Durbin to home state company: Don't leave

The Senate's No. 2 Democrat is calling on an American fertilizer company to keep its official address in the U.S.

CF Industries, based in Deerfield, Ill., announced last week that it would buy a range of facilities from a Dutch competitor, OCI, in an $8 billion deal.


As part of the deal, CF will become a subsidiary of a new British holding company. CF's CEO Tony Will said last week that European headquarters was a major part of the deal, making it the latest U.S. corporation to head offshore, in large part because of taxes.

Sen. Dick DurbinRichard (Dick) Joseph DurbinGOP divided over impeachment trial strategy Democratic senators introduce bill to push ICE to stop 'overuse' of solitary confinement Pentagon watchdog declines to investigate hold on Ukraine aid MORE (D), one of CF's home state senators, said Tuesday that the company's move was "simply wrong."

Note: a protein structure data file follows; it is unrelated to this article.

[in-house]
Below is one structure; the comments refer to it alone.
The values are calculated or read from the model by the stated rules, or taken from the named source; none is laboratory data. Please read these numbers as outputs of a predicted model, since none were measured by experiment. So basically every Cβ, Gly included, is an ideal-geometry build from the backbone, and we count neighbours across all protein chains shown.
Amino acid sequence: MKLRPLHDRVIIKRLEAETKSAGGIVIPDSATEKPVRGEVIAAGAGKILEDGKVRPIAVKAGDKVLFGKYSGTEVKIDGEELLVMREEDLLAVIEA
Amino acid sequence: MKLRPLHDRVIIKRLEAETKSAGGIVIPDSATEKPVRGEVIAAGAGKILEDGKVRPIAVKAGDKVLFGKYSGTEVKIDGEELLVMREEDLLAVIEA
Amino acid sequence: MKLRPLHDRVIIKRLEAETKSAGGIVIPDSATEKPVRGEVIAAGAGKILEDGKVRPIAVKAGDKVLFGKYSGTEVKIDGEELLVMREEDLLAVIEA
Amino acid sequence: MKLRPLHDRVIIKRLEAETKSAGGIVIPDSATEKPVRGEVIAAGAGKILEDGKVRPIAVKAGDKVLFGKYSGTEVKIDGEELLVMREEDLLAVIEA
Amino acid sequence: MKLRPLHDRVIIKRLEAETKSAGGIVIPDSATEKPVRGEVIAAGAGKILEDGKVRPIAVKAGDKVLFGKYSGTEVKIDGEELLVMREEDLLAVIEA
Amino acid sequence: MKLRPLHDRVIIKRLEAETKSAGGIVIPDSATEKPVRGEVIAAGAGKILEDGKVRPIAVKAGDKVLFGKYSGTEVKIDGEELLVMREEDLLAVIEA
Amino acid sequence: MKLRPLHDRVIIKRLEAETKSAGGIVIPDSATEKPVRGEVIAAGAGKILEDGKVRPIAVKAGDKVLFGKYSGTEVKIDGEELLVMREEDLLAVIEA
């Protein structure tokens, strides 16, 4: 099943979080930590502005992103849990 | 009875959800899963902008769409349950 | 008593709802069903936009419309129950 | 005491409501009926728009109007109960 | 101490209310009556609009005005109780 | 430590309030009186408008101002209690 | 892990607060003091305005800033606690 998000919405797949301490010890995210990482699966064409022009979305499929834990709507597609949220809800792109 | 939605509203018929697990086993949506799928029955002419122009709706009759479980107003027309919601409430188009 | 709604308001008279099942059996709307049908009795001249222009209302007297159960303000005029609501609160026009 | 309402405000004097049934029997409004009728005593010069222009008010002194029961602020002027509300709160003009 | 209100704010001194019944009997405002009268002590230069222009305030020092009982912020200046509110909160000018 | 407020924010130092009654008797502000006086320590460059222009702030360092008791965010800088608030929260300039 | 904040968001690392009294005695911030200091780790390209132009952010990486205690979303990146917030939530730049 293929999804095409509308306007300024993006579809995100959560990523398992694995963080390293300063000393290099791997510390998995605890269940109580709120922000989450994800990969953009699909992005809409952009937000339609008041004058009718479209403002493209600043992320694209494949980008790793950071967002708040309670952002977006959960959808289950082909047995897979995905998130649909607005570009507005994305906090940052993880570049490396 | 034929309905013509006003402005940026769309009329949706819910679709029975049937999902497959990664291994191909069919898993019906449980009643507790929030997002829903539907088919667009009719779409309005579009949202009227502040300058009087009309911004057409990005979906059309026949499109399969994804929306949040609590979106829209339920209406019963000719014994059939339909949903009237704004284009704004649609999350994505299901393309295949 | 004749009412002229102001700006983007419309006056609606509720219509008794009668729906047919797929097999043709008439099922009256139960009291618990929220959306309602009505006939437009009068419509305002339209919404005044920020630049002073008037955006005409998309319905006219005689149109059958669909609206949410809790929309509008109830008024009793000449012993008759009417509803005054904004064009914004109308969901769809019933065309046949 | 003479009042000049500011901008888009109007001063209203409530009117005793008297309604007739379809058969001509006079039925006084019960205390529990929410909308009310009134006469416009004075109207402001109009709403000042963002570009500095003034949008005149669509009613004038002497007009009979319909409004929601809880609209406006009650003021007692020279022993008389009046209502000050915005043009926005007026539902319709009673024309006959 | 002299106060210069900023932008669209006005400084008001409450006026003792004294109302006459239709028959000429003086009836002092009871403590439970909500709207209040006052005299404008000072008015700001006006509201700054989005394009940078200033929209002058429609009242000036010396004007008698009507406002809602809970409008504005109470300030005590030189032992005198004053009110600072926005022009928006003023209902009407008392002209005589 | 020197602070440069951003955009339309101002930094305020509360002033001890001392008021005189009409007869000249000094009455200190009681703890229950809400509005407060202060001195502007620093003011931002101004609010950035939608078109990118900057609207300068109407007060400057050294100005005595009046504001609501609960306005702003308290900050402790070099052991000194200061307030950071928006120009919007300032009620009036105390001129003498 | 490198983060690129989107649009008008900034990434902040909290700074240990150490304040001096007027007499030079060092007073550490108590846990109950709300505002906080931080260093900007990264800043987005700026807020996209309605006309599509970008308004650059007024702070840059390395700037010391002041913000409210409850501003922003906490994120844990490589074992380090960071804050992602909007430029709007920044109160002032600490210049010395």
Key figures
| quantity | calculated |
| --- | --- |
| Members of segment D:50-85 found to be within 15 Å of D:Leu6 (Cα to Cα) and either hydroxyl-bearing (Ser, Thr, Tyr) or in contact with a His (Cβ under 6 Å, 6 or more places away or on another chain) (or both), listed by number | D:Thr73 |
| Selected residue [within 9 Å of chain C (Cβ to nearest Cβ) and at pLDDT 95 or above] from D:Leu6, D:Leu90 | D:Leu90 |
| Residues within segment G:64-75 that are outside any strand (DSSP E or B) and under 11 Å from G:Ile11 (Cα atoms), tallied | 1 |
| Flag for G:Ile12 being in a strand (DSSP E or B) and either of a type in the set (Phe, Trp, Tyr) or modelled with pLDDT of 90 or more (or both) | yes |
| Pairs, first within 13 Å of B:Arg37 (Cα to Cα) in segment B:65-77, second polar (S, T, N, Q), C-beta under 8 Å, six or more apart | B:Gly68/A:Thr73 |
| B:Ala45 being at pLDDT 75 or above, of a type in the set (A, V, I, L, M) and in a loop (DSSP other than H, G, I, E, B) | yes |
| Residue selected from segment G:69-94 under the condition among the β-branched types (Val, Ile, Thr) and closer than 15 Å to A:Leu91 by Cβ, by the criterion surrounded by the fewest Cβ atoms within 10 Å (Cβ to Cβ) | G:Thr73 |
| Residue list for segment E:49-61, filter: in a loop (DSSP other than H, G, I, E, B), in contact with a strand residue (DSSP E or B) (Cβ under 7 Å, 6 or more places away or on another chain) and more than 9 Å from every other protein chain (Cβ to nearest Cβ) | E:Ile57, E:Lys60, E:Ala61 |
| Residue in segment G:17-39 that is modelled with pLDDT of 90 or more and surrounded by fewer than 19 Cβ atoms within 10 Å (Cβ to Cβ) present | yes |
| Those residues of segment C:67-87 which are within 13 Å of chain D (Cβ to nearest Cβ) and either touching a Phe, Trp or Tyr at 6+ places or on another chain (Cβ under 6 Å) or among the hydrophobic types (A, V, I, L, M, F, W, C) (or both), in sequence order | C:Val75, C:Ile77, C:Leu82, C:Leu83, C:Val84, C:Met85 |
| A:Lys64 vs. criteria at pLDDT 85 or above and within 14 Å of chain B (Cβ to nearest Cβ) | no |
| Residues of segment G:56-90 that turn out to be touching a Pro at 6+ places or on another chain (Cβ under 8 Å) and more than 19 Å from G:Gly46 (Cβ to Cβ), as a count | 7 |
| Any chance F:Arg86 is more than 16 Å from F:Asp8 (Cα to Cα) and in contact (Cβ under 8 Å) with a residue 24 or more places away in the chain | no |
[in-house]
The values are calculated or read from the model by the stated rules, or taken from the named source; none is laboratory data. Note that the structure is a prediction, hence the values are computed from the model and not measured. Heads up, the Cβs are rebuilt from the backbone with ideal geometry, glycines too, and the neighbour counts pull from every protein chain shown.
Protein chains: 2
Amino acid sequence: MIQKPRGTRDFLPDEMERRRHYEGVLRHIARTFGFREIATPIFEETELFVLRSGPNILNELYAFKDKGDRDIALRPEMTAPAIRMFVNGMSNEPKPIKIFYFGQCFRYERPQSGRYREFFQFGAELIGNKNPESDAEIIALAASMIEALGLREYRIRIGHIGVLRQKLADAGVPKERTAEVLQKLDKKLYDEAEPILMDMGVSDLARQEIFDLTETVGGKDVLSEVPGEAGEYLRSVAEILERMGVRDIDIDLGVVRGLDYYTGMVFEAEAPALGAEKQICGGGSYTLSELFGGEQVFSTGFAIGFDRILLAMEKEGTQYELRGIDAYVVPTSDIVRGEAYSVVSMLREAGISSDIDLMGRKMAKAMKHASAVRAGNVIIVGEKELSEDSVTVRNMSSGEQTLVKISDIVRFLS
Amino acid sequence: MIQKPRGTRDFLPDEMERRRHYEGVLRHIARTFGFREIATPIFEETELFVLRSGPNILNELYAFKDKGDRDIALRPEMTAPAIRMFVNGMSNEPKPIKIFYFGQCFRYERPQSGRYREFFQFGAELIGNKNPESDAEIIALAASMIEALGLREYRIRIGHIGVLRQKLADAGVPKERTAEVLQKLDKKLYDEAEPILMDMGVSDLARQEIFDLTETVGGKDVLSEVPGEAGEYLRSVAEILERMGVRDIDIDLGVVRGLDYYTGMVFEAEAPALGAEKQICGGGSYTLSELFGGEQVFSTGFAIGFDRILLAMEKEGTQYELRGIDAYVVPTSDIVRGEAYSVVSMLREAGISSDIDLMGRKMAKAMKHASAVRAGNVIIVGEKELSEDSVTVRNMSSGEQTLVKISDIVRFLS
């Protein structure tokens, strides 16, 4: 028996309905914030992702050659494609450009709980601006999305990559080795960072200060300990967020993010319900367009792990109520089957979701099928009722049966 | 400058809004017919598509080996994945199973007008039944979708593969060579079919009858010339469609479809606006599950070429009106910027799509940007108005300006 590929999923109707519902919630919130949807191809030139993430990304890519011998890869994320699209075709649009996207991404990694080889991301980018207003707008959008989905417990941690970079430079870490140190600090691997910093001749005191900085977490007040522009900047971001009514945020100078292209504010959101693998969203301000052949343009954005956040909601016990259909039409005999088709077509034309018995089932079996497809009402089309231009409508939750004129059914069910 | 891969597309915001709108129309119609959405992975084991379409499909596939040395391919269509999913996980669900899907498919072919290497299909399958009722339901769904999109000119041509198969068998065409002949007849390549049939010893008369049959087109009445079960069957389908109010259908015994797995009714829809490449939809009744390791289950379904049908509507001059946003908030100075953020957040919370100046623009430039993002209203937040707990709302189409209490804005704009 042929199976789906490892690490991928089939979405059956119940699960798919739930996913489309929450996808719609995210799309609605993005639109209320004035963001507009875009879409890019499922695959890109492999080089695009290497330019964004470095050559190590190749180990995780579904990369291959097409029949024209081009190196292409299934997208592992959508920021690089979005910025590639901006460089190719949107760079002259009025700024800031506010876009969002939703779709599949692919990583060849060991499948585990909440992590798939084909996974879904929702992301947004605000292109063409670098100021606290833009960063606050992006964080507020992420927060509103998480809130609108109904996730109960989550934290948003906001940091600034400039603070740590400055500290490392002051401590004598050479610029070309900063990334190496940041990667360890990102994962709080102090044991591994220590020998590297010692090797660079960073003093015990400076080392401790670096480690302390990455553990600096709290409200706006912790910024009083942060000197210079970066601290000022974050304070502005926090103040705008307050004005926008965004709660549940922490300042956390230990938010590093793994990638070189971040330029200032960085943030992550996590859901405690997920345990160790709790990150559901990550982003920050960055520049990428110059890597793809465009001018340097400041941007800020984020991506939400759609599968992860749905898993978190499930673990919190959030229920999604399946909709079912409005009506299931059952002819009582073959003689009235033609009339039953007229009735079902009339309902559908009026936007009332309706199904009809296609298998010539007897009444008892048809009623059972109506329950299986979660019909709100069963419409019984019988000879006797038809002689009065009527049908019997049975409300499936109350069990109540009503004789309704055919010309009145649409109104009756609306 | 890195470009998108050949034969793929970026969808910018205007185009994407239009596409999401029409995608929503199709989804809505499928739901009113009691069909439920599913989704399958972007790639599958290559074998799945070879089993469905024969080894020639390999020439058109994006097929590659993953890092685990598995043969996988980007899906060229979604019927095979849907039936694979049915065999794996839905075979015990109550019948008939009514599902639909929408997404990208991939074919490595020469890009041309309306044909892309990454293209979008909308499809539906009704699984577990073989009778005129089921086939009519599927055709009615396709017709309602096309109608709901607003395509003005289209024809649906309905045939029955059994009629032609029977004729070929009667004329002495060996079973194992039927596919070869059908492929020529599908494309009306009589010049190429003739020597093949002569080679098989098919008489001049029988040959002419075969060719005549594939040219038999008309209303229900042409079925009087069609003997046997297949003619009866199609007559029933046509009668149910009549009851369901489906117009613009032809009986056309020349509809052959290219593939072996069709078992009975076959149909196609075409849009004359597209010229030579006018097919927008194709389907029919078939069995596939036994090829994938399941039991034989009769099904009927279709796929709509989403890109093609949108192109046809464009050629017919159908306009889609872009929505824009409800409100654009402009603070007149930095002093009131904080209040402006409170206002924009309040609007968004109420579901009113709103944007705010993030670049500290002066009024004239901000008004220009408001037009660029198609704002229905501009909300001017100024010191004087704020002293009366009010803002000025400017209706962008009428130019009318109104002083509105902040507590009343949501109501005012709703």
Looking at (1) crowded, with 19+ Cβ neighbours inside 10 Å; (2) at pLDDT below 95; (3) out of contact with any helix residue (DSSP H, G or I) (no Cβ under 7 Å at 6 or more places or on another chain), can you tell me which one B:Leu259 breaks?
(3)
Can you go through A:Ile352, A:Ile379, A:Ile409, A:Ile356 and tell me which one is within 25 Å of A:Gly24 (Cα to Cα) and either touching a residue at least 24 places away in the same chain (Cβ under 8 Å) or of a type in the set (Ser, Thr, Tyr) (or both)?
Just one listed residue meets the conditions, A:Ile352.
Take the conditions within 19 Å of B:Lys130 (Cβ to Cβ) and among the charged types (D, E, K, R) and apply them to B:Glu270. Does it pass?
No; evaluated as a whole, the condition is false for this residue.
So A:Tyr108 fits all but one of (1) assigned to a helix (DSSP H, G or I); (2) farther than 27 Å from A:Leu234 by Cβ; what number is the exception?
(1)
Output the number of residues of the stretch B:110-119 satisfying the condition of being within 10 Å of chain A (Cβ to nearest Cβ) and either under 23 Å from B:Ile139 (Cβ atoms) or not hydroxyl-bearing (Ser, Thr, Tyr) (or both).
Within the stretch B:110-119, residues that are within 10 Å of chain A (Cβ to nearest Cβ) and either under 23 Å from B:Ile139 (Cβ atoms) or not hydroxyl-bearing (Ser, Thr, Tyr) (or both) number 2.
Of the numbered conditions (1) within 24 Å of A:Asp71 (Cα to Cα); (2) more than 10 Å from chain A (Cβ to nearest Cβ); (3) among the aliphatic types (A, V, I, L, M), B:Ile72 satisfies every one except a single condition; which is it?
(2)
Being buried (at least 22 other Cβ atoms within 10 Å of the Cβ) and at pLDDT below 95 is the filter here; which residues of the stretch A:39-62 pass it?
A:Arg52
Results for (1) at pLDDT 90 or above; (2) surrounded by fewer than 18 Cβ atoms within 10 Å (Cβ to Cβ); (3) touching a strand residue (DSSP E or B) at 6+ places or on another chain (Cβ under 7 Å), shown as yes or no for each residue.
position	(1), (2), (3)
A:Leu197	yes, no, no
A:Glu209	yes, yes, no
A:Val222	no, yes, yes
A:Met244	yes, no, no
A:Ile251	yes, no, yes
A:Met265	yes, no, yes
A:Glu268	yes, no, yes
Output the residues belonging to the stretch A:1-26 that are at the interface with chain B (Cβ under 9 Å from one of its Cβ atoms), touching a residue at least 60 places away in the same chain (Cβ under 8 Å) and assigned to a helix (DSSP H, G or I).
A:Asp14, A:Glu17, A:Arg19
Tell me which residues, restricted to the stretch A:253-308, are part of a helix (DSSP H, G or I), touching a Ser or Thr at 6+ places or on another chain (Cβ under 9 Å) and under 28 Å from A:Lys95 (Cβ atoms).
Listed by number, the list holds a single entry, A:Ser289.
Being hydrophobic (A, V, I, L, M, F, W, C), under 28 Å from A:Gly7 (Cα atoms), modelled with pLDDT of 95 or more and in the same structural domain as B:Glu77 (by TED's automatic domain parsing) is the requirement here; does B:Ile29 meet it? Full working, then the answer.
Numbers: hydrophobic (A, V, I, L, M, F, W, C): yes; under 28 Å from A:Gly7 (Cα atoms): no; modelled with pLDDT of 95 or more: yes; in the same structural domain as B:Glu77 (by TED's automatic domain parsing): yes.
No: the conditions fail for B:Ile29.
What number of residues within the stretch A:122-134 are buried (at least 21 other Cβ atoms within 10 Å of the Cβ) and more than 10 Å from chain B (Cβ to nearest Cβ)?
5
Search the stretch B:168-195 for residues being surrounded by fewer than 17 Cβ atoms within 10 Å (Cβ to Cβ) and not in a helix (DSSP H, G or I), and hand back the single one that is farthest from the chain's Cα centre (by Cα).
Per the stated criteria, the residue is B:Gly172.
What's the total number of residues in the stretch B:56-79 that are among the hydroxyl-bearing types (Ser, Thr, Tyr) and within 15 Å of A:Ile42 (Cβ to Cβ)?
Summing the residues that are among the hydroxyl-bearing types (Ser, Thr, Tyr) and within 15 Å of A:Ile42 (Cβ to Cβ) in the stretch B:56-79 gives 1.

"When a company with a proud history in the United States walks away from our nation for a tax break and a temporary boost to its bottom line, one has to ask whether short-term profit is your only measure of corporate responsibility and success," Durbin said, noting that the company had benefitted from investments from U.S. taxpayers. 

Democrats have railed against the offshore tax deals, known as inversions, for more than a year now. 

In those sorts of agreements, U.S. companies often merge with a smaller foreign competitor to take advantage of lower corporate tax rates elsewhere in the world. 

The companies frequently change little about their business practices in the process. For instance, the new CF Industries, while based in Britain, will still have its main executive offices in Illinois.